Tuesday, August 14, 2012

...the unedited truth... (1)


Winter isn’t coming this year. And oh, I should have locked that door. Things you never consider. Too late. There’s a lesson here, there has to be, of course, there is. Cautionary tale to pass on to the young ones, make them terrified of the outside so they always stay snuggled up to mommy. My mother, she’d tell me about boys face down in swimming pools, little girls gone missing with a stranger and found in halves, a cousin I’d never heard of had died in a dishwasher, her best friends son choked on peanut butter, eaten with a spoon right out of the jar. I learned at a very young age that no matter how safe you think you are, there's always an easy way to die.

Sky’s blue end to end, only interruption is right above us, that perfect circle a million miles away. Still so close, enough to fry us. My brother, just a boy, I call him Rolly because his real name is so ugly. He calls me Lolly for no reason. The road we’re walking down, there’s only colours and barely a sound. The dusty brown below out feet, the green all around us, the black or brown and white of cows with no clue, the grey of the road cutting down the middle. This time of day, sun’s as hot as it’s going to get and when I see that car, oh I better be ready. I could use this walk, this journey back home to teach Rolly all I know. Not for him, wouldn’t make sense to him. How do you tell a kid the truth? The unedited truth. It’d frighten him but it’d put me at ease. The sounds, no wind, no traffic, the random bird squawking, the klopp klopp klopp scratch of Rolly’s loose shoes scraping over the road behind me, the squish squish squee squish squee of blood-soaked shoes.

Rolly’s wearing the same exact overalls I wore at his age, six years old, that perfect kid age. Now I’m wearing clothes my father wore at my age and it haunts me to the core but I shut all that away and close my eyes and listen to Rolly’s song, Ro-lleee loves Loll-lleeee loves Roll-eee loves Lo-lleeeee, absently falling out of his mouth through breaths, his focus is on maintaining the ice cream cone in his hand. A race against the heat, a losing battle but he wouldn’t understand that. Little eyes of wonder set and focused on the edge, where his choco-swirl ice cream meets the waffle cone, his fingers wrapped around, sticky and sweet with melt, a trail of brown crawling down his arm to his elbow. Still at least ten miles away from home, out in the open, on the road to be seen by anyone looking. Oh, I should have locked that door.

Earlier, in the bathroom. Her name, Remi, her position: ass in the sink, hair wiping the mirror, legs over my shoulders. My position: hands clutching breasts, standing, swinging hips, feeling her. It was our ritual, every Sunday at the Cone Zone where she worked. Cone Zone, where ice cream is a lie, a front for darker sorts of business. Remi’s position: moaning and humping ice cream girl, girlfriend of the boss and I mean The Boss. Every Sunday, she watches the store, he conducts his dirty deeds elsewhere. Every Sunday, we have 5 two-minute quickies throughout one hour, I’ll sit and wait and lick all the flavors until she gives me the signal. This has been going on months, since my motorbike broke down a mile away and I walked here, since she saw me stained with sweat, since she pulled me by my hand and didn’t tell me who her Man was and she made a mess of me in the bathroom.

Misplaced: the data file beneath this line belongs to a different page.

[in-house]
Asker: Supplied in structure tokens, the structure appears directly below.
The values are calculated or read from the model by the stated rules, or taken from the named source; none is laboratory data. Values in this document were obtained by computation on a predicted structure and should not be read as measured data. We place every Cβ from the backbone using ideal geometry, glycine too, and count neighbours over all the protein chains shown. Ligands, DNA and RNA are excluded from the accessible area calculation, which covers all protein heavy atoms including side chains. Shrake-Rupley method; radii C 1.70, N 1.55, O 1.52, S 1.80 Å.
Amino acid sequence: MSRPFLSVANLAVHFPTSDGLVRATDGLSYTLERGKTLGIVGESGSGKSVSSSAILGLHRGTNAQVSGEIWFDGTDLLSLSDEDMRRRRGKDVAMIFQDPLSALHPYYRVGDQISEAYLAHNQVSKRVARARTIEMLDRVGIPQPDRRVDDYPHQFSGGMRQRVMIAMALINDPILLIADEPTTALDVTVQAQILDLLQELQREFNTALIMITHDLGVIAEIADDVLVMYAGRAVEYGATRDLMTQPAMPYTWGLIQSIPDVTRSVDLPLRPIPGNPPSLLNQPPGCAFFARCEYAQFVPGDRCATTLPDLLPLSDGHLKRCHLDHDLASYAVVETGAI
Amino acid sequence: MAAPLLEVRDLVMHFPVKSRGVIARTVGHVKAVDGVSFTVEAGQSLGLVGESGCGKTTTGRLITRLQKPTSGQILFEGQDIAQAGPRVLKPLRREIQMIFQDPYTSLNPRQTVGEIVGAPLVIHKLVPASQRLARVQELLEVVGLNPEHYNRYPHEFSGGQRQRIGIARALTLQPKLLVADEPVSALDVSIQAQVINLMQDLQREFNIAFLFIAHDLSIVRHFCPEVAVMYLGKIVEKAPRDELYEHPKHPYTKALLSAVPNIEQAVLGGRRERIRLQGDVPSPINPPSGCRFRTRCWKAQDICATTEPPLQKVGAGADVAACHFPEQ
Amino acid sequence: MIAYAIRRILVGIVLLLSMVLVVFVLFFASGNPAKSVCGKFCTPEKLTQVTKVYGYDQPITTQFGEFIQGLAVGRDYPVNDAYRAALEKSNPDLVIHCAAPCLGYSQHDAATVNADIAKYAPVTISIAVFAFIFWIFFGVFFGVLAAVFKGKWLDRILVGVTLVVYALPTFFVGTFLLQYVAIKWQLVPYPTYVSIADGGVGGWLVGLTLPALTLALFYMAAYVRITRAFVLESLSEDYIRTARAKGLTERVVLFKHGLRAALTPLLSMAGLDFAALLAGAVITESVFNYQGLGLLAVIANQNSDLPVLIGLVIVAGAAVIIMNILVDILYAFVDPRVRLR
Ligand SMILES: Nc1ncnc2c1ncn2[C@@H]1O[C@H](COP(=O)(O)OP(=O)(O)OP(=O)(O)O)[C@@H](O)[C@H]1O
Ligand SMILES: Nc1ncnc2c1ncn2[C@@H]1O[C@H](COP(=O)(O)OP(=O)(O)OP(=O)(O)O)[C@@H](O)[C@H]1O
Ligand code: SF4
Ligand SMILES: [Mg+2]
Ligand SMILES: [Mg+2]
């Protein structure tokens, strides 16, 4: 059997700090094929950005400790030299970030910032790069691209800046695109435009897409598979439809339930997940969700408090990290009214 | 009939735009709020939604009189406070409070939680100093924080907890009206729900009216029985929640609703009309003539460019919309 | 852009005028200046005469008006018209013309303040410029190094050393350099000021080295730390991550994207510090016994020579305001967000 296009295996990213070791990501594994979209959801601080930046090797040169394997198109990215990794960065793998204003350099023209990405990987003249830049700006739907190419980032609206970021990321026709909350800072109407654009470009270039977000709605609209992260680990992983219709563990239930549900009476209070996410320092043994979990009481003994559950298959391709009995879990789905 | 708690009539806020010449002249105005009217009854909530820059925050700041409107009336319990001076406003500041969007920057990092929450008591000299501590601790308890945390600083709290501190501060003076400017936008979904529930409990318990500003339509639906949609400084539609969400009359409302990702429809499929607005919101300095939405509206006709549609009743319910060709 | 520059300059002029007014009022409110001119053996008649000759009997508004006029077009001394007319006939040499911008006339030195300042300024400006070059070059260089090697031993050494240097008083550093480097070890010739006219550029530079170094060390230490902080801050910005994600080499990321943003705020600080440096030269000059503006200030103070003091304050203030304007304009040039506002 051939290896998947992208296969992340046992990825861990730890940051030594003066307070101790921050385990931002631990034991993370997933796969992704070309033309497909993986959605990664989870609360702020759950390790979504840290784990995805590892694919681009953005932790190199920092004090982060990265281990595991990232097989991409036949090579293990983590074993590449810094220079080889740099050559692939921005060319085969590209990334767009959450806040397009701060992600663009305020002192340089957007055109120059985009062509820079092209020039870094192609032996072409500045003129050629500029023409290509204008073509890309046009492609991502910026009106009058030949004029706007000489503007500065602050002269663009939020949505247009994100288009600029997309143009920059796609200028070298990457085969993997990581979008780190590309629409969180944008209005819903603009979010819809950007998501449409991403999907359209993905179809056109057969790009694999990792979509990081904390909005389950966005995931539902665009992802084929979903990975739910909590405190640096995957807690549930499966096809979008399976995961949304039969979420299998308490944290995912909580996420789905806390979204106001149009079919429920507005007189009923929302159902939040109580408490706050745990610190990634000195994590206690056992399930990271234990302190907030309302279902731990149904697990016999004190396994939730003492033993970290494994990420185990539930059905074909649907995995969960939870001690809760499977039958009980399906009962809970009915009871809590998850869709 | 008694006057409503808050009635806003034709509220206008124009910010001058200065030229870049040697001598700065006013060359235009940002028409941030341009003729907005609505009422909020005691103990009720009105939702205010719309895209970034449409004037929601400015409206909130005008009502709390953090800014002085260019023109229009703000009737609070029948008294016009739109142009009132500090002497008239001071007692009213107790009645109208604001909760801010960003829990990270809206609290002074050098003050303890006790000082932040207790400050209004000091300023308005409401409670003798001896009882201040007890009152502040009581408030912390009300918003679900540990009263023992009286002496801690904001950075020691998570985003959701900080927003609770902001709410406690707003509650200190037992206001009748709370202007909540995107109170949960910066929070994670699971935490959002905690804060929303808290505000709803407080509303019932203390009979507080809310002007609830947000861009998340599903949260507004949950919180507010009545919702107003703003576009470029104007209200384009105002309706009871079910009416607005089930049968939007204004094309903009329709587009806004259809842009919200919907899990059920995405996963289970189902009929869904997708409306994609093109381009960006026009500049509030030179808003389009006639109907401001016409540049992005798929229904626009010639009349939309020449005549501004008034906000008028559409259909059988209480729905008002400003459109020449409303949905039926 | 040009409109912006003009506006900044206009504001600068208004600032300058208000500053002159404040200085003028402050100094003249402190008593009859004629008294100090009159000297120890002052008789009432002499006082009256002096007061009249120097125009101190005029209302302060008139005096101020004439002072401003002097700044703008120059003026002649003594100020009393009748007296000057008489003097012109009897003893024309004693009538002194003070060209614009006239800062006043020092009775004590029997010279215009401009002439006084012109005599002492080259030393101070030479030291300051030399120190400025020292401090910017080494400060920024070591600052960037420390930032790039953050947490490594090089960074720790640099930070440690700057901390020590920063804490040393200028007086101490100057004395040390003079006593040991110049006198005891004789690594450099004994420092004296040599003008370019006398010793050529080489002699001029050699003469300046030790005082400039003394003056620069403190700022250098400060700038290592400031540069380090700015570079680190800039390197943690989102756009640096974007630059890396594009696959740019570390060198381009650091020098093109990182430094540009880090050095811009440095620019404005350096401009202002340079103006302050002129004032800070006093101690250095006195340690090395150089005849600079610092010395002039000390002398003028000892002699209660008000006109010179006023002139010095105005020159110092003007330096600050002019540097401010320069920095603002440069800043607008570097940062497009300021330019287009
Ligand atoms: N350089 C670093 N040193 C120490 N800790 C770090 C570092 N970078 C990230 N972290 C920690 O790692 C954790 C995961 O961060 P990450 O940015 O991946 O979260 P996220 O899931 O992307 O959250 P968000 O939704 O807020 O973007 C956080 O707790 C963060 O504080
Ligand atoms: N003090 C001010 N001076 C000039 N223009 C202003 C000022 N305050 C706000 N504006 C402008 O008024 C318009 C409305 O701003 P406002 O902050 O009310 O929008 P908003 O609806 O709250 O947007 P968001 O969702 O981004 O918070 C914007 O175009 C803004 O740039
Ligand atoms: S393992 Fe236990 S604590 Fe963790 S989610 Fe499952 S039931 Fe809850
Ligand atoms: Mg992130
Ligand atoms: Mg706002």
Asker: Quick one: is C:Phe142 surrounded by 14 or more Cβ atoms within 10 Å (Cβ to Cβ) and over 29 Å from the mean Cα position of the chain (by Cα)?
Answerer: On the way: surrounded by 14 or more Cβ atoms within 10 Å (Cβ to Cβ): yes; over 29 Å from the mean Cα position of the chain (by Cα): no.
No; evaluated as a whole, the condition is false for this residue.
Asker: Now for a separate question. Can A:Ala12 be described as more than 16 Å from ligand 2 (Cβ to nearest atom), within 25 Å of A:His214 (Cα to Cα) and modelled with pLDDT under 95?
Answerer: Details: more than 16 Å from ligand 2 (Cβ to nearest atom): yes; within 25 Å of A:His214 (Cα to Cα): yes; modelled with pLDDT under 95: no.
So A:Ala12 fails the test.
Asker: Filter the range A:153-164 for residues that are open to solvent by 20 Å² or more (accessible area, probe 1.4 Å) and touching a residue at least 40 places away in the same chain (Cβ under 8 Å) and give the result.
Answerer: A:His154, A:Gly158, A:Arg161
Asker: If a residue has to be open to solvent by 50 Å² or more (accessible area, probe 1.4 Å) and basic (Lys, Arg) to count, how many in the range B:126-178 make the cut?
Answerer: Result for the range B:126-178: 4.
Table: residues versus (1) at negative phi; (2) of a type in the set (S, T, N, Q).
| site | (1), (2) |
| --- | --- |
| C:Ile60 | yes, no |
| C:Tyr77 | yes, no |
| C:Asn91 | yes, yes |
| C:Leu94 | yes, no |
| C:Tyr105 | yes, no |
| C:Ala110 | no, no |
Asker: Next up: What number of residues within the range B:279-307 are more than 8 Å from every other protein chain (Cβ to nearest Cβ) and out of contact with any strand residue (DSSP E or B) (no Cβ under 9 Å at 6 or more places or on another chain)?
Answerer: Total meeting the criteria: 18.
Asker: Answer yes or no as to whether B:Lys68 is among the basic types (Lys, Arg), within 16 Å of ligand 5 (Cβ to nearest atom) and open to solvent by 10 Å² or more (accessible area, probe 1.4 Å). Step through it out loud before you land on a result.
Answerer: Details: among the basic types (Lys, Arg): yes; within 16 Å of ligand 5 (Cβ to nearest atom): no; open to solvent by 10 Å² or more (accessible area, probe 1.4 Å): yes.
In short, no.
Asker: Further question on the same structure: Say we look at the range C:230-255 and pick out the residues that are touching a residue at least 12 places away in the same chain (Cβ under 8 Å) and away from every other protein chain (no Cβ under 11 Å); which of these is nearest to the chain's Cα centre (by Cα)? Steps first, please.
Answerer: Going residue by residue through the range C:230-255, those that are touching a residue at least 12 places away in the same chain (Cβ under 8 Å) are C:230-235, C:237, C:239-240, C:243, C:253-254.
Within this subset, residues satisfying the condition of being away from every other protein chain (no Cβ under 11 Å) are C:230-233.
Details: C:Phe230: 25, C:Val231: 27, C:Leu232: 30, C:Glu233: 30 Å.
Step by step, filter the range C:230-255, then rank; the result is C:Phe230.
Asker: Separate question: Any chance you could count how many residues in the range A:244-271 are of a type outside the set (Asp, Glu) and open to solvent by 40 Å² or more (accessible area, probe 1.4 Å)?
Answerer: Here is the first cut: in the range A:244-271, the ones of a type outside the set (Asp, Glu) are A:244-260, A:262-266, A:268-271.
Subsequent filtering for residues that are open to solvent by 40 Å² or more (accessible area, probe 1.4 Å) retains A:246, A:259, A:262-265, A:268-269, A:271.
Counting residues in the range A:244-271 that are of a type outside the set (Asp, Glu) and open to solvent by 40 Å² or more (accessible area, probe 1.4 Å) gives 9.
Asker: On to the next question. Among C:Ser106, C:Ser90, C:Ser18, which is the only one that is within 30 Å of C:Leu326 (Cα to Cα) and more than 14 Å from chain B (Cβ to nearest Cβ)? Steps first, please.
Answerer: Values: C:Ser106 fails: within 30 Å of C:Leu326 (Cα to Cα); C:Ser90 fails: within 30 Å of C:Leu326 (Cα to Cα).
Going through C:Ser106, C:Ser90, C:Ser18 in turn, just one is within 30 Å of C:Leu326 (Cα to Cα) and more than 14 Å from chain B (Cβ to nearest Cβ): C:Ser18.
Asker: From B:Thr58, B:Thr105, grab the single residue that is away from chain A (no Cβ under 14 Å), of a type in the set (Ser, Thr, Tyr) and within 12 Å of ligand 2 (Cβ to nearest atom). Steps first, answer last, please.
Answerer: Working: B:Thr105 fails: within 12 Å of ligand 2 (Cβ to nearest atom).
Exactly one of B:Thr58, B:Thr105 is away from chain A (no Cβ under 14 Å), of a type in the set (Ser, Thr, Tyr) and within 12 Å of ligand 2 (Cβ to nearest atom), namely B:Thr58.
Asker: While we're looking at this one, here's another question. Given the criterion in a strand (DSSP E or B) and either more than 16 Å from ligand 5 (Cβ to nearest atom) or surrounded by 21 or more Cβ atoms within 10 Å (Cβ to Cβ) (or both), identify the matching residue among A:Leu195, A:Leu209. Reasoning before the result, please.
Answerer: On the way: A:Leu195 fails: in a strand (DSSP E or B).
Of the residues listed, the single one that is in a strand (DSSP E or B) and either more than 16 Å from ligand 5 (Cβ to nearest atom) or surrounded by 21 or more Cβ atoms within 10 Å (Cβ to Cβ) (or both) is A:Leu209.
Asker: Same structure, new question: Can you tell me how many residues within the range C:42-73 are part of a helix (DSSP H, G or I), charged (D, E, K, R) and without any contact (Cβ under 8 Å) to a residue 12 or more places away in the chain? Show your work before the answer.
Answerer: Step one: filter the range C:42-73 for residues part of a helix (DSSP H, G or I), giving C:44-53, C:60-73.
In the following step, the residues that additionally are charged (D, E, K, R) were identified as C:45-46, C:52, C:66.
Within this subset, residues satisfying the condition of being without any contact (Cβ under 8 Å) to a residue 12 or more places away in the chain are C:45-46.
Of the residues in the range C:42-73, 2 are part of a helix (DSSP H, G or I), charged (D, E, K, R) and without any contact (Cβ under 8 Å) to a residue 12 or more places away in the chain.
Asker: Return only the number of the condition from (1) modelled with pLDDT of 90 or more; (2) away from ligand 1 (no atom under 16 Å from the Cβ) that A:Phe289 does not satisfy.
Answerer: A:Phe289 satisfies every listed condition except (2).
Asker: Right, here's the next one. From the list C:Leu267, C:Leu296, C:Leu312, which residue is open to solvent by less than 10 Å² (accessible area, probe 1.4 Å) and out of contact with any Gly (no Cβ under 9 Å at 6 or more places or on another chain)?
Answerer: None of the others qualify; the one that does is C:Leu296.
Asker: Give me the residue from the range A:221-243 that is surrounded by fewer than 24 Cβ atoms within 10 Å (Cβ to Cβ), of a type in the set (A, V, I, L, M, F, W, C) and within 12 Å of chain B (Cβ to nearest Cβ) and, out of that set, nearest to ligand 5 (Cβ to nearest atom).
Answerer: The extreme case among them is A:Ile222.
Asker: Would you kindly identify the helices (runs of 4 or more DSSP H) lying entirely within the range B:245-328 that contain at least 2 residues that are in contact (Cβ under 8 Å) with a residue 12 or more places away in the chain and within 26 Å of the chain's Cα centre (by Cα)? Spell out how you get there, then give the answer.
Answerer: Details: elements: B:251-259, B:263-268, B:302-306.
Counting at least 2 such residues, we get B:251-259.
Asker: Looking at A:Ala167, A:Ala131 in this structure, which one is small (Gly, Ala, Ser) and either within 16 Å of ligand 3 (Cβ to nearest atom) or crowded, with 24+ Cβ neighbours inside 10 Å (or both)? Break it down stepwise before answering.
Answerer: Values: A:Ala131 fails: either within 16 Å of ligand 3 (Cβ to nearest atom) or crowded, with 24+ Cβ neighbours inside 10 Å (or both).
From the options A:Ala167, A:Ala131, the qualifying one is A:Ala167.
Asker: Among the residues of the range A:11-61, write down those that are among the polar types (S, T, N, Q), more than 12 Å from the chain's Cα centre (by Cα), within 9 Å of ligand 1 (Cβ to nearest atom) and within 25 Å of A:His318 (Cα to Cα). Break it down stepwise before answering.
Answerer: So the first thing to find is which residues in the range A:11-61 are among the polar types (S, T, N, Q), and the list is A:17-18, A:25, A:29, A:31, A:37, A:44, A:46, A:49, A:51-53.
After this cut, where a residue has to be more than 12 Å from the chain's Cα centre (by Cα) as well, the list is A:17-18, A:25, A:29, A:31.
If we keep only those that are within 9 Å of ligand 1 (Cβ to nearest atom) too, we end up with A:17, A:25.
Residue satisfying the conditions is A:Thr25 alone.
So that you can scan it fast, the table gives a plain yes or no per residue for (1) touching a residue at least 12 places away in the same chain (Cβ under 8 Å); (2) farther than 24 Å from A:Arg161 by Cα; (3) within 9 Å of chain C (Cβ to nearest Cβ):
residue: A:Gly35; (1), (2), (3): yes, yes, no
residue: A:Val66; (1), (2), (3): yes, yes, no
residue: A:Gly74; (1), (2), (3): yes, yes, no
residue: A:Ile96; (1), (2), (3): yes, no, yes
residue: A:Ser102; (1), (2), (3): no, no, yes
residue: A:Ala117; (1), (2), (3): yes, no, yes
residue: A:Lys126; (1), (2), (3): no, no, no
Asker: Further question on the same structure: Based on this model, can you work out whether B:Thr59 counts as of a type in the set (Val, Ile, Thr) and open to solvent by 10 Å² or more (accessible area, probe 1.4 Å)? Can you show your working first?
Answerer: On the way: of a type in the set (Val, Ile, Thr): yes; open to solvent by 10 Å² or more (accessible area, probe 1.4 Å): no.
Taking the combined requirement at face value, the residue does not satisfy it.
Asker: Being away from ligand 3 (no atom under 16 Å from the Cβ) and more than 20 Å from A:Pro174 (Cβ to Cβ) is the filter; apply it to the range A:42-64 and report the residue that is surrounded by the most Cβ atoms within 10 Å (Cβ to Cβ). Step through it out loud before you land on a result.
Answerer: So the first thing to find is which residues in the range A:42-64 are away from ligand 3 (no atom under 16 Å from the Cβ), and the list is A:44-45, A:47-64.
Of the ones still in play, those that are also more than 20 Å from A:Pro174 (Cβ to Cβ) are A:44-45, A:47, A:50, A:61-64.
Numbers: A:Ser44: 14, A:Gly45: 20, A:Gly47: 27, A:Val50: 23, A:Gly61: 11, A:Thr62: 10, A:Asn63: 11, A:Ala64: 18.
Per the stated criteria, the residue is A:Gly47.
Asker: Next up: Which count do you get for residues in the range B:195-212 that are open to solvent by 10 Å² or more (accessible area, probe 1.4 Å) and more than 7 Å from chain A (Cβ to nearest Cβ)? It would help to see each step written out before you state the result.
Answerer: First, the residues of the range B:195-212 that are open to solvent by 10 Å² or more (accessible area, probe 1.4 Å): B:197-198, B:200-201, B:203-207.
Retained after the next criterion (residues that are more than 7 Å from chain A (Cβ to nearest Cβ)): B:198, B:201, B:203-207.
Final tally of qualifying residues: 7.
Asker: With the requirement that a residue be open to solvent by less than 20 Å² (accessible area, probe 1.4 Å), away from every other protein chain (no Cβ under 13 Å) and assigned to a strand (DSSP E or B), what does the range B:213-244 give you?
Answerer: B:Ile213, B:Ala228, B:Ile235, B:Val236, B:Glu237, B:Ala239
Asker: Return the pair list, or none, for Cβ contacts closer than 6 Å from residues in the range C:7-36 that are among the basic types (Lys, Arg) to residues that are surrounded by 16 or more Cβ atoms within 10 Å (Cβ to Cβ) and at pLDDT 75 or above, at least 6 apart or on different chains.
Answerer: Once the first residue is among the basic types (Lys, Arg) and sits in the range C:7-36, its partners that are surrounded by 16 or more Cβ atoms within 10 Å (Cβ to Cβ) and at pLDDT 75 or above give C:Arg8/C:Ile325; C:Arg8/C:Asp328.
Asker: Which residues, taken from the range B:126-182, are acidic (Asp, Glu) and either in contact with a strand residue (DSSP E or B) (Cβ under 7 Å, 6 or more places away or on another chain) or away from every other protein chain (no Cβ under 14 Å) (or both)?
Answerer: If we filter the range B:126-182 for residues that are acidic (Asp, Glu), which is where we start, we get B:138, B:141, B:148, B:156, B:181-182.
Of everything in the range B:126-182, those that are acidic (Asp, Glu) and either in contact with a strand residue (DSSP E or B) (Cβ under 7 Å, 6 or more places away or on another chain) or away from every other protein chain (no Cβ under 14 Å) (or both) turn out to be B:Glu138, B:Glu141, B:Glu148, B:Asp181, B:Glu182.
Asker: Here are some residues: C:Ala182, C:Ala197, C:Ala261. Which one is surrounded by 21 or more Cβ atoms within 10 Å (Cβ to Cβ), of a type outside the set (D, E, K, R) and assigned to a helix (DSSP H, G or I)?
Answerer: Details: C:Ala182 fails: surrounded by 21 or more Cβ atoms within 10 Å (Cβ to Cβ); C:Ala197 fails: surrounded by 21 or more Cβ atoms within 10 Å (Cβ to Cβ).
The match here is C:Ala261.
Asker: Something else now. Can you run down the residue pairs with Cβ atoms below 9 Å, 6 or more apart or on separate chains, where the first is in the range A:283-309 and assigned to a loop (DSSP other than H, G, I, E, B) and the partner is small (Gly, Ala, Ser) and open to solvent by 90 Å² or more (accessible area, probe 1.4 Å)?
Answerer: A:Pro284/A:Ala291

I left poor Rolly sitting at the counter with his cone, told him to stay there, stay there, don’t move, stay there. Like it means anything to a child. First minute into the first round with Remi, front door chimes. Rolly’s unsure, no trust, he goes to the unlocked door to find me, and oh, he finds me. Ass naked, I see him in the mirror, just staring. Past him, I see my life end. Unexpected. Hugo Huge, ice cream man, criminal, psycho-killer, The Boss. All he can see are her legs and feet, I’m blocking the rest, having the staring contest of my life with this man. I’ve seen, Hugo’s seen, most of the men that pass through have seen the tattoo on the back of her calf and with ink like that you don’t need a face to be recognized. Rolly asked me, why is the ice cream lady in the sink? Remi, oh Remi, she screams Hugo help me, this bastard forc…and I pulled out, the sensation catching her breath and ending that sentence. Hugo took one damn step forward and I bolted, grabbing the shoulder of Rolly’s overalls one hand and turning the other into a fist, one mighty swing that’d either buy me some time or result in immediate death. Landed directly on his nose, the blood still crusted on my knuckles, broke it right into his skull. Remi was screaming for real and I just ran, holding my little brother tight as I could, wet dick still hanging out my fly.  

(End of Part 1)

This is original writing and copyright and all that fine print kind of stuff. Please credit this to Chessterr Hollowberry. Thanks!

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